Fourteen American soldiers were killed in a helicopter crash in Northern Iraq, a military said. It was the deadliest crash since January 2005.
The military said initial indications showed the aircraft experienced a mechanical problem and was not brought down by hostile fire, but the cause of the crash was still under investigation.
The UH-60 Black Hawk was part of a pair of helicopters on a nighttime operation when the crash occurred. The four crew members and 10 passengers who perished in the crash were assigned to Task Force Lightning, the military said. It did not release identities pending notification of relatives.
The U.S. military relies heavily on helicopters to avoid the threat of ambushes and roadside bombs - the deadliest weapon in the militants' arsenal - and dozens have crashed in accidents or been shot down.
The deadliest crash occurred on Jan. 26, 2005, when a CH-53 Sea Stallion transport helicopter went down in a sandstorm in western Iraq, killing 31 U.S. troops.
On Jan. 20, a Black Hawk was apparently shot down in Diyala province northeast of Baghdad, killing 12 soldiers aboard.
The deaths raised to at least 3,721 members of the U.S. military who have died since the Iraq war started in March 2003, according to an Associated Press count.
Iraqi security forces also faced more violence in northern Iraq, with a roadside bomb targeting a police patrol in the center of Tikrit, killing one officer and wounding another, along with two civilians, authorities said.
A suicide truck bomber also struck the police directorate in Beiji, 250 kilometers (155 miles) north of Baghdad, causing an undetermined number of casualties, police said. The officials spoke on condition of anonymity because they were not authorized to release the information.
With violence unrelenting, political pressure mounted for Prime Minister Nouri al-Maliki to show progress in bringing Iraq's battling factions together.
U.S. President George W. Bush acknowledged his frustration with Iraqi leaders' inability to bridge political divisions on Tuesday, but said only the Iraqi people can decide whether to sideline the troubled prime minister.
"Clearly, the Iraqi government's got to do more," Bush said at the close of a two-day North American summit with the leaders of Mexico and Canada.
The Sept. 15 deadline for Bush's next progress report to Congress is fast approaching, leaving the president little time to show that his U.S. troop buildup is succeeding in providing the enhanced security the Iraqi leaders need to forge a unified way forward.
U.S. Ambassador Ryan Crocker, co-author of the highly anticipated report to Congress, said Tuesday that Washington's blueprint for reconciliation was insufficient to win back control of Iraq. Congressional benchmarks such as laws to share oil revenue and reform security services don't tell the whole story, he said Tuesday.
Crocker and the U.S. military commander, Gen. David Petraeus, may be heading into a storm of discontent as they argue before Congress that American troops need more time in Iraq.
Last week, a stunning suicide bomb attack killed as many as 500 people in northern Iraq, an attack blamed on al-Qaida in Iraq.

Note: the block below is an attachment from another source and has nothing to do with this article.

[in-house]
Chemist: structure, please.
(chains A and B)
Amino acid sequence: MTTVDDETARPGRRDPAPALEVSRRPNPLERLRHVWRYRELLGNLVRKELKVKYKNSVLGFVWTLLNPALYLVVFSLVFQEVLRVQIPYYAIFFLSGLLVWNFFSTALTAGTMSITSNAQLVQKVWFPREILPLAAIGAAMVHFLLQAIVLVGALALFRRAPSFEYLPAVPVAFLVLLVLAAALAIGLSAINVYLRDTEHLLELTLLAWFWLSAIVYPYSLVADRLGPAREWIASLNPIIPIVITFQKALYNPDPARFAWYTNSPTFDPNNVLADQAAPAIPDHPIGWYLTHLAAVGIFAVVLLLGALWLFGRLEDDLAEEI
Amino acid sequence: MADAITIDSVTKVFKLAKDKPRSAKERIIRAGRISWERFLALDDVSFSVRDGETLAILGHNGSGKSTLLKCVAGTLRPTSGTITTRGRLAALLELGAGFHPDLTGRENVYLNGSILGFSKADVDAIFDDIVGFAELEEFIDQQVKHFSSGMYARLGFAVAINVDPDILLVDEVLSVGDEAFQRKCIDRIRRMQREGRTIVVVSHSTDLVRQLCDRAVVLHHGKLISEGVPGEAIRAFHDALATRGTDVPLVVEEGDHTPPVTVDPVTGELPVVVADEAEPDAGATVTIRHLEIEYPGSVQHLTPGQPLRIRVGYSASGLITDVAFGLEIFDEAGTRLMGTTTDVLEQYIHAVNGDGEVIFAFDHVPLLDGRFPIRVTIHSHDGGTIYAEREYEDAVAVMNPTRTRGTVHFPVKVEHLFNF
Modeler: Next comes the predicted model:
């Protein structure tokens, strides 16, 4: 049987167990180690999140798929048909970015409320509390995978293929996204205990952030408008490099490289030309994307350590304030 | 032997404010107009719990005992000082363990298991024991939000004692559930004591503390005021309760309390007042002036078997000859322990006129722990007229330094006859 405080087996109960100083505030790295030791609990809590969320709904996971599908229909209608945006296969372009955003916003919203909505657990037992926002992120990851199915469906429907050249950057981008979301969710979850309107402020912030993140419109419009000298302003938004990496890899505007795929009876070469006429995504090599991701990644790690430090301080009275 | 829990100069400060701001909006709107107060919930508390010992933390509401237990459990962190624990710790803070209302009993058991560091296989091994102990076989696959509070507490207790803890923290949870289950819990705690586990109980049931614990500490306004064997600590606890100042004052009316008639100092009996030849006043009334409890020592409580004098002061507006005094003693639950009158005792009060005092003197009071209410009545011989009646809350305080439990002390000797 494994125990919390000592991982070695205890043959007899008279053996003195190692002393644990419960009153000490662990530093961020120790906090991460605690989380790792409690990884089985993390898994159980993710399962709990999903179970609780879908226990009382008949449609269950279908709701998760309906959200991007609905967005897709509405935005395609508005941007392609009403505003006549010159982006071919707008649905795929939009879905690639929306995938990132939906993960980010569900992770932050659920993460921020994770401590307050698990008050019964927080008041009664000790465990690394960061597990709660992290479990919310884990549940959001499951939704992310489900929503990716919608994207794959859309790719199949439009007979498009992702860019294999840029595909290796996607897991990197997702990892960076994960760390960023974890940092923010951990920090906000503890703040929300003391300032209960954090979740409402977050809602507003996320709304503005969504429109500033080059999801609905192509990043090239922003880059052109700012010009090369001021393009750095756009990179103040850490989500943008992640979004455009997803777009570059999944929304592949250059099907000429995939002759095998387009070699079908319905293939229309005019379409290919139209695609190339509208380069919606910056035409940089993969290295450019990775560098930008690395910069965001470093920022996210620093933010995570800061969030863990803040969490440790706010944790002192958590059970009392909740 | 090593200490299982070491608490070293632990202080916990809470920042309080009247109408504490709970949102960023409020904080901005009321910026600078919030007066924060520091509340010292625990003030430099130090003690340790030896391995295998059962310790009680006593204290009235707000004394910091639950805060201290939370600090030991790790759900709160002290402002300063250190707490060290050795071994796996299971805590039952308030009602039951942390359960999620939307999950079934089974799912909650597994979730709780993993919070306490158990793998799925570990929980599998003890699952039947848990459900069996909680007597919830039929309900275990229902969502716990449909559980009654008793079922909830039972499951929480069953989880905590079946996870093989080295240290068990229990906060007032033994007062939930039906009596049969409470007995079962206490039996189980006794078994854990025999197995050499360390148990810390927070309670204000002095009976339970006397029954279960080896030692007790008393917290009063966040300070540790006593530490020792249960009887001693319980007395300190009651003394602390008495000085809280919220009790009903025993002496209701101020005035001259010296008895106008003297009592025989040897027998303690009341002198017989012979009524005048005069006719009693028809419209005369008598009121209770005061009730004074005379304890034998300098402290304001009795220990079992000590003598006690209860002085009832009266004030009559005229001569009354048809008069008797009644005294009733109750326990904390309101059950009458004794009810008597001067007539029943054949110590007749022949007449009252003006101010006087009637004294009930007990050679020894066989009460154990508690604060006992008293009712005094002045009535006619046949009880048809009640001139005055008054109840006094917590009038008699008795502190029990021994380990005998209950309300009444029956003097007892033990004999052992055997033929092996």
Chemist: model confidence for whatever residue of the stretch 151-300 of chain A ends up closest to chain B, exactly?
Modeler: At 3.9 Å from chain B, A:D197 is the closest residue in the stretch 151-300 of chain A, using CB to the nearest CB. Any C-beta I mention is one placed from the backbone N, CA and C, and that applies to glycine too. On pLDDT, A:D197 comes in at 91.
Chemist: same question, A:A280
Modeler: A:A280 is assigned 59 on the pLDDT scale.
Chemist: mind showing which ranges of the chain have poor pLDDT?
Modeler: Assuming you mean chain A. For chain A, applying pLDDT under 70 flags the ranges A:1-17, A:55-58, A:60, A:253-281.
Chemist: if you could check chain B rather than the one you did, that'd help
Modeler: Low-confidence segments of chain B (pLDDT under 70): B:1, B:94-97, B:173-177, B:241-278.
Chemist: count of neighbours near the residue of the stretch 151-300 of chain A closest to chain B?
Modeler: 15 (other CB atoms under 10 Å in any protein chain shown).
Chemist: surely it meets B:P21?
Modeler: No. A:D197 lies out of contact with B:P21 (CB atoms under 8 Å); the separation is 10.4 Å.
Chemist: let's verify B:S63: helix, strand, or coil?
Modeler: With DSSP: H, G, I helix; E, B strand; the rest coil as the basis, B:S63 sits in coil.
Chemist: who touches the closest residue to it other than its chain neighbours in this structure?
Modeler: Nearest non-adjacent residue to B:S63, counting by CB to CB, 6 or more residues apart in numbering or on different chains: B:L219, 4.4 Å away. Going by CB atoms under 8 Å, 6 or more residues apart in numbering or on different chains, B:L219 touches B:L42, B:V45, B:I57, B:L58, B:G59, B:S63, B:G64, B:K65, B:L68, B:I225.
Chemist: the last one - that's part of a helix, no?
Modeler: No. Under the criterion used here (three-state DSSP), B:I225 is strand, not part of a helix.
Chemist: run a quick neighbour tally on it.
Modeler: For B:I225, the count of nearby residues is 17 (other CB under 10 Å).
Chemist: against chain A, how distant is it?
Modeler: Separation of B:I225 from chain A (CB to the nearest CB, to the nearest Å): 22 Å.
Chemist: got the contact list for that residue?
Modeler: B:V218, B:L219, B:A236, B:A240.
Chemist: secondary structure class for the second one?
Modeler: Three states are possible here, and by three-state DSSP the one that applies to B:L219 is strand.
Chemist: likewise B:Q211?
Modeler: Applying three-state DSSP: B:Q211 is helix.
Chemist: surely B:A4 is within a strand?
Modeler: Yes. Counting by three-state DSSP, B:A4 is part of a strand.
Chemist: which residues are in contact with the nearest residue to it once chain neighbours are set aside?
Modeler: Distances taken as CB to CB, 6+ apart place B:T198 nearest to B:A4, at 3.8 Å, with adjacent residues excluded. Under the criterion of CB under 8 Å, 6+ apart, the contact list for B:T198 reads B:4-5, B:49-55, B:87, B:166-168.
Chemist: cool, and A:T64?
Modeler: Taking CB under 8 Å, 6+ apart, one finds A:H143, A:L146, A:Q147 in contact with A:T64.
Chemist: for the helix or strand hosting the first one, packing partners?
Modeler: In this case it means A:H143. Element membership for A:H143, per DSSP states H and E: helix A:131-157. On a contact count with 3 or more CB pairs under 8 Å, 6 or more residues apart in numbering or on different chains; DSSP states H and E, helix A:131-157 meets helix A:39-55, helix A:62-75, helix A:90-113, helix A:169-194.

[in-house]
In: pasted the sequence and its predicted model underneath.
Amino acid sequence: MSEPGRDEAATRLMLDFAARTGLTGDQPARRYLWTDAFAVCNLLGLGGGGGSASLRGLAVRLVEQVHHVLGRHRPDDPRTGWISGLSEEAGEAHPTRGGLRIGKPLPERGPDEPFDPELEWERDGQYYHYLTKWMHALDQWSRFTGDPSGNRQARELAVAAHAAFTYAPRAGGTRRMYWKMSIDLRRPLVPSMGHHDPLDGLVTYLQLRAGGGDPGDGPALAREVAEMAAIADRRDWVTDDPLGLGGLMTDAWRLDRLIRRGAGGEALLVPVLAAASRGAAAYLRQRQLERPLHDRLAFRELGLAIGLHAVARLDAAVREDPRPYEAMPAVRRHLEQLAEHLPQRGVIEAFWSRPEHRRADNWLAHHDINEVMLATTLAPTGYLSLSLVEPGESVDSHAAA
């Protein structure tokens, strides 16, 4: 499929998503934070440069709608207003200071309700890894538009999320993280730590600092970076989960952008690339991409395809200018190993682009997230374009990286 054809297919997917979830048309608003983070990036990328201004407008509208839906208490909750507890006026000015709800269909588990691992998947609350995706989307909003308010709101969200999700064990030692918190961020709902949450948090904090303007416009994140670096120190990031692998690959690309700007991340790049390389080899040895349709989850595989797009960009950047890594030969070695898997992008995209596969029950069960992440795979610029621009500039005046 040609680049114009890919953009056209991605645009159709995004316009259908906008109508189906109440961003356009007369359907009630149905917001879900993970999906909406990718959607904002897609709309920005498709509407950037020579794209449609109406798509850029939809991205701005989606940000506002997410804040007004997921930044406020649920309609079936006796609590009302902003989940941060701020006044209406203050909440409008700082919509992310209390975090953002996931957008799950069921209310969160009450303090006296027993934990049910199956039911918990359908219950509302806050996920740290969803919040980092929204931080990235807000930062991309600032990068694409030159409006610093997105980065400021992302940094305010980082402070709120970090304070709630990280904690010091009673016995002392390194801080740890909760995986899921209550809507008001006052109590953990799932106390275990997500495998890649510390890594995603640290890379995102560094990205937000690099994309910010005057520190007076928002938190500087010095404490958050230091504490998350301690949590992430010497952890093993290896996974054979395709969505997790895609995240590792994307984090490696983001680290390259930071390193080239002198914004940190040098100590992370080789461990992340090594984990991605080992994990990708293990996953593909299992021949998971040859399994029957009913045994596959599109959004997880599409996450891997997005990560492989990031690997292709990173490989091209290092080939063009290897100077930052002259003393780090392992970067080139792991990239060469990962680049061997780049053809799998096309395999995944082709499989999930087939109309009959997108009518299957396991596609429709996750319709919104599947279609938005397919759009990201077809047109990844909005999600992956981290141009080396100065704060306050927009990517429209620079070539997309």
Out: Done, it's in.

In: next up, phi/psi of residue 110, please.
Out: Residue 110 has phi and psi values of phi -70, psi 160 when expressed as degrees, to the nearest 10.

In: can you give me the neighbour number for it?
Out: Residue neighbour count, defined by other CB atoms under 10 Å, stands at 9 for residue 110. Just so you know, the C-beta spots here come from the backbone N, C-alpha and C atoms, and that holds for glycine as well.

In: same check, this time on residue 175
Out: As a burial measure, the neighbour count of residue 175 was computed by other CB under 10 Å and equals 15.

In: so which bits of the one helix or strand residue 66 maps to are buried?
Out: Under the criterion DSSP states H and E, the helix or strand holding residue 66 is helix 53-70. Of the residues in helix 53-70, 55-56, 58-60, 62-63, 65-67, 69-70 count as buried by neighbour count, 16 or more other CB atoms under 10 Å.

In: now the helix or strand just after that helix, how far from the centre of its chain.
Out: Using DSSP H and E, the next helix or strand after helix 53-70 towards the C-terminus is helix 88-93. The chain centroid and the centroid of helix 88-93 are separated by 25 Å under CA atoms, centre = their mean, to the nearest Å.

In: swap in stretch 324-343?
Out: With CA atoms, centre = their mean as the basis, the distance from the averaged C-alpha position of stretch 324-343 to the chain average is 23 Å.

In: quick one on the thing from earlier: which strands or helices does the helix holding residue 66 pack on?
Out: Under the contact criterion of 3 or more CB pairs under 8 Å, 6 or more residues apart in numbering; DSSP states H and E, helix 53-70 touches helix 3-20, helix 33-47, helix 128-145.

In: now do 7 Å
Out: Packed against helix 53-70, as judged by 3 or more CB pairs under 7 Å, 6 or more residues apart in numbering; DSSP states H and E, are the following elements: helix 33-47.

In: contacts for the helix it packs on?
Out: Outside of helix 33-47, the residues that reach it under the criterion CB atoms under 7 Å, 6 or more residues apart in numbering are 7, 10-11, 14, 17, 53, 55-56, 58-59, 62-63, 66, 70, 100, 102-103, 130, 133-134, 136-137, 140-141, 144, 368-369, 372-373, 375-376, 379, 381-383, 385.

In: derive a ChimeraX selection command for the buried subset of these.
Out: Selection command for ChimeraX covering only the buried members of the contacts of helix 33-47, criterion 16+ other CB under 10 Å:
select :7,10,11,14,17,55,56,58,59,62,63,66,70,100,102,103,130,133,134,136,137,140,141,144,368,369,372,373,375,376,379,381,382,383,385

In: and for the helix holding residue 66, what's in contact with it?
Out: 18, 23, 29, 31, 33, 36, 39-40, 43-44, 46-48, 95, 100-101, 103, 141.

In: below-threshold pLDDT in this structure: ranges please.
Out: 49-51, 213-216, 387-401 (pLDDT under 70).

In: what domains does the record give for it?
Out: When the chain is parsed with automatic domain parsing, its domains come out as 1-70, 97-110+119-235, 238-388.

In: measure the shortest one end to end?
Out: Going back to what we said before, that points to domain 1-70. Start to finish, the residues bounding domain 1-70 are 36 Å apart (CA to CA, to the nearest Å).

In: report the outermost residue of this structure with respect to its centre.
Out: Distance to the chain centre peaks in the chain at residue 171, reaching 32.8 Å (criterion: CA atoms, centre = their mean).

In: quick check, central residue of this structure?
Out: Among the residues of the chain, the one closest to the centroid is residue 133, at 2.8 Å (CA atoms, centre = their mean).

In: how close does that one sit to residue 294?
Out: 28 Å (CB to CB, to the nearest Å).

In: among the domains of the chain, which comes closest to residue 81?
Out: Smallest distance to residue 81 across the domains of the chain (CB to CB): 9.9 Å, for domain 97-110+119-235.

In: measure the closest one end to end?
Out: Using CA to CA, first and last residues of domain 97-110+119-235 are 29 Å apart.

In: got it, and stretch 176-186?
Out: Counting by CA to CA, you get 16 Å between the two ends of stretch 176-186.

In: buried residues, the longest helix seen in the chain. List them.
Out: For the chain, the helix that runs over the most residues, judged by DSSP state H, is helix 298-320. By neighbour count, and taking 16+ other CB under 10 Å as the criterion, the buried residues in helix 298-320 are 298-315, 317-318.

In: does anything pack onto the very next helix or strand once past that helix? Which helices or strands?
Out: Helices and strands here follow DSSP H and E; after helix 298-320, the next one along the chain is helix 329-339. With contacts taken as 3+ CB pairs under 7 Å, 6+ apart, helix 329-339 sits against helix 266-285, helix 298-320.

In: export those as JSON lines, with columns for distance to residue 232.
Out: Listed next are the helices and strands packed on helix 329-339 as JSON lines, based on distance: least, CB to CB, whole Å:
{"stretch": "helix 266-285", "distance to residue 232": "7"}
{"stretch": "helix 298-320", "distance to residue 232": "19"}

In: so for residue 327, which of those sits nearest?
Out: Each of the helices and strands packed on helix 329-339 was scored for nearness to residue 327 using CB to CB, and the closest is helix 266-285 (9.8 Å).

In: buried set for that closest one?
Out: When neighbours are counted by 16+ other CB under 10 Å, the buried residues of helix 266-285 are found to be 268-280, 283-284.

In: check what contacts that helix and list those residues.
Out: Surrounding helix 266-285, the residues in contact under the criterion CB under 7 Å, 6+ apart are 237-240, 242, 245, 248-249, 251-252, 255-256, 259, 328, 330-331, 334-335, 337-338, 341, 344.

Crocker called Iraq's problems difficult but fixable, arguing for more time for his diplomacy and operations by the bolstered American military force.
"Failure to meet any of them (congressionally mandated benchmarks) does not mean the definitive failure of the state or the society," Crocker said.
"Conversely, to make them all would not by any means mean that they've turned the corner and it's a sun-dappled upland from here on in with peace and harmony and background music. It's just a lot more complex than that."
He echoed Bush's frustration with the lack of action by al-Maliki government's on key legislative measures.
"Progress on national level issues has been extremely disappointing and frustrating to all concerned - to us, to Iraqis, to the Iraqi leadership itself," Crocker said. But he added that the Shiite prime minister was working "in the shadow of a huge national trauma."
While saying U.S. support was not a "blank check," Crocker said Washington would continue backing al-Maliki's government "as it makes serious efforts to achieve national reconciliation and deliver effective governance to the people of Iraq." He stressed that it's not just al-Maliki, but "the whole government that has to perform here."
Crocker acknowledged "a lot of violence" in southern Iraq, where bombers killed Muthana province Gov. Mohammed Ali al-Hassani on Monday and Gov. Khalil Jalil Hamza in neighboring Qadasiyah province nine days earlier.
Both governors were members the Shiite political powerhouse, the Supreme Islamic Iraqi Council, led by Abdul-Aziz al-Hakim. His loyalists dominate police in Iraq's south and are fighting Mahdi Army militiamen for dominance in the region, which may hold 70 percent or more of Iraq's oil reserves, according to various estimates.
When General Wesley Clark spoke about the famous list of seven Middle Eastern countries to be demolished in five consecutive years, he has done nothing but remark, for the last time, if there was any need, Washington's willingness to redesign the Middle East within a more general framework of global domination.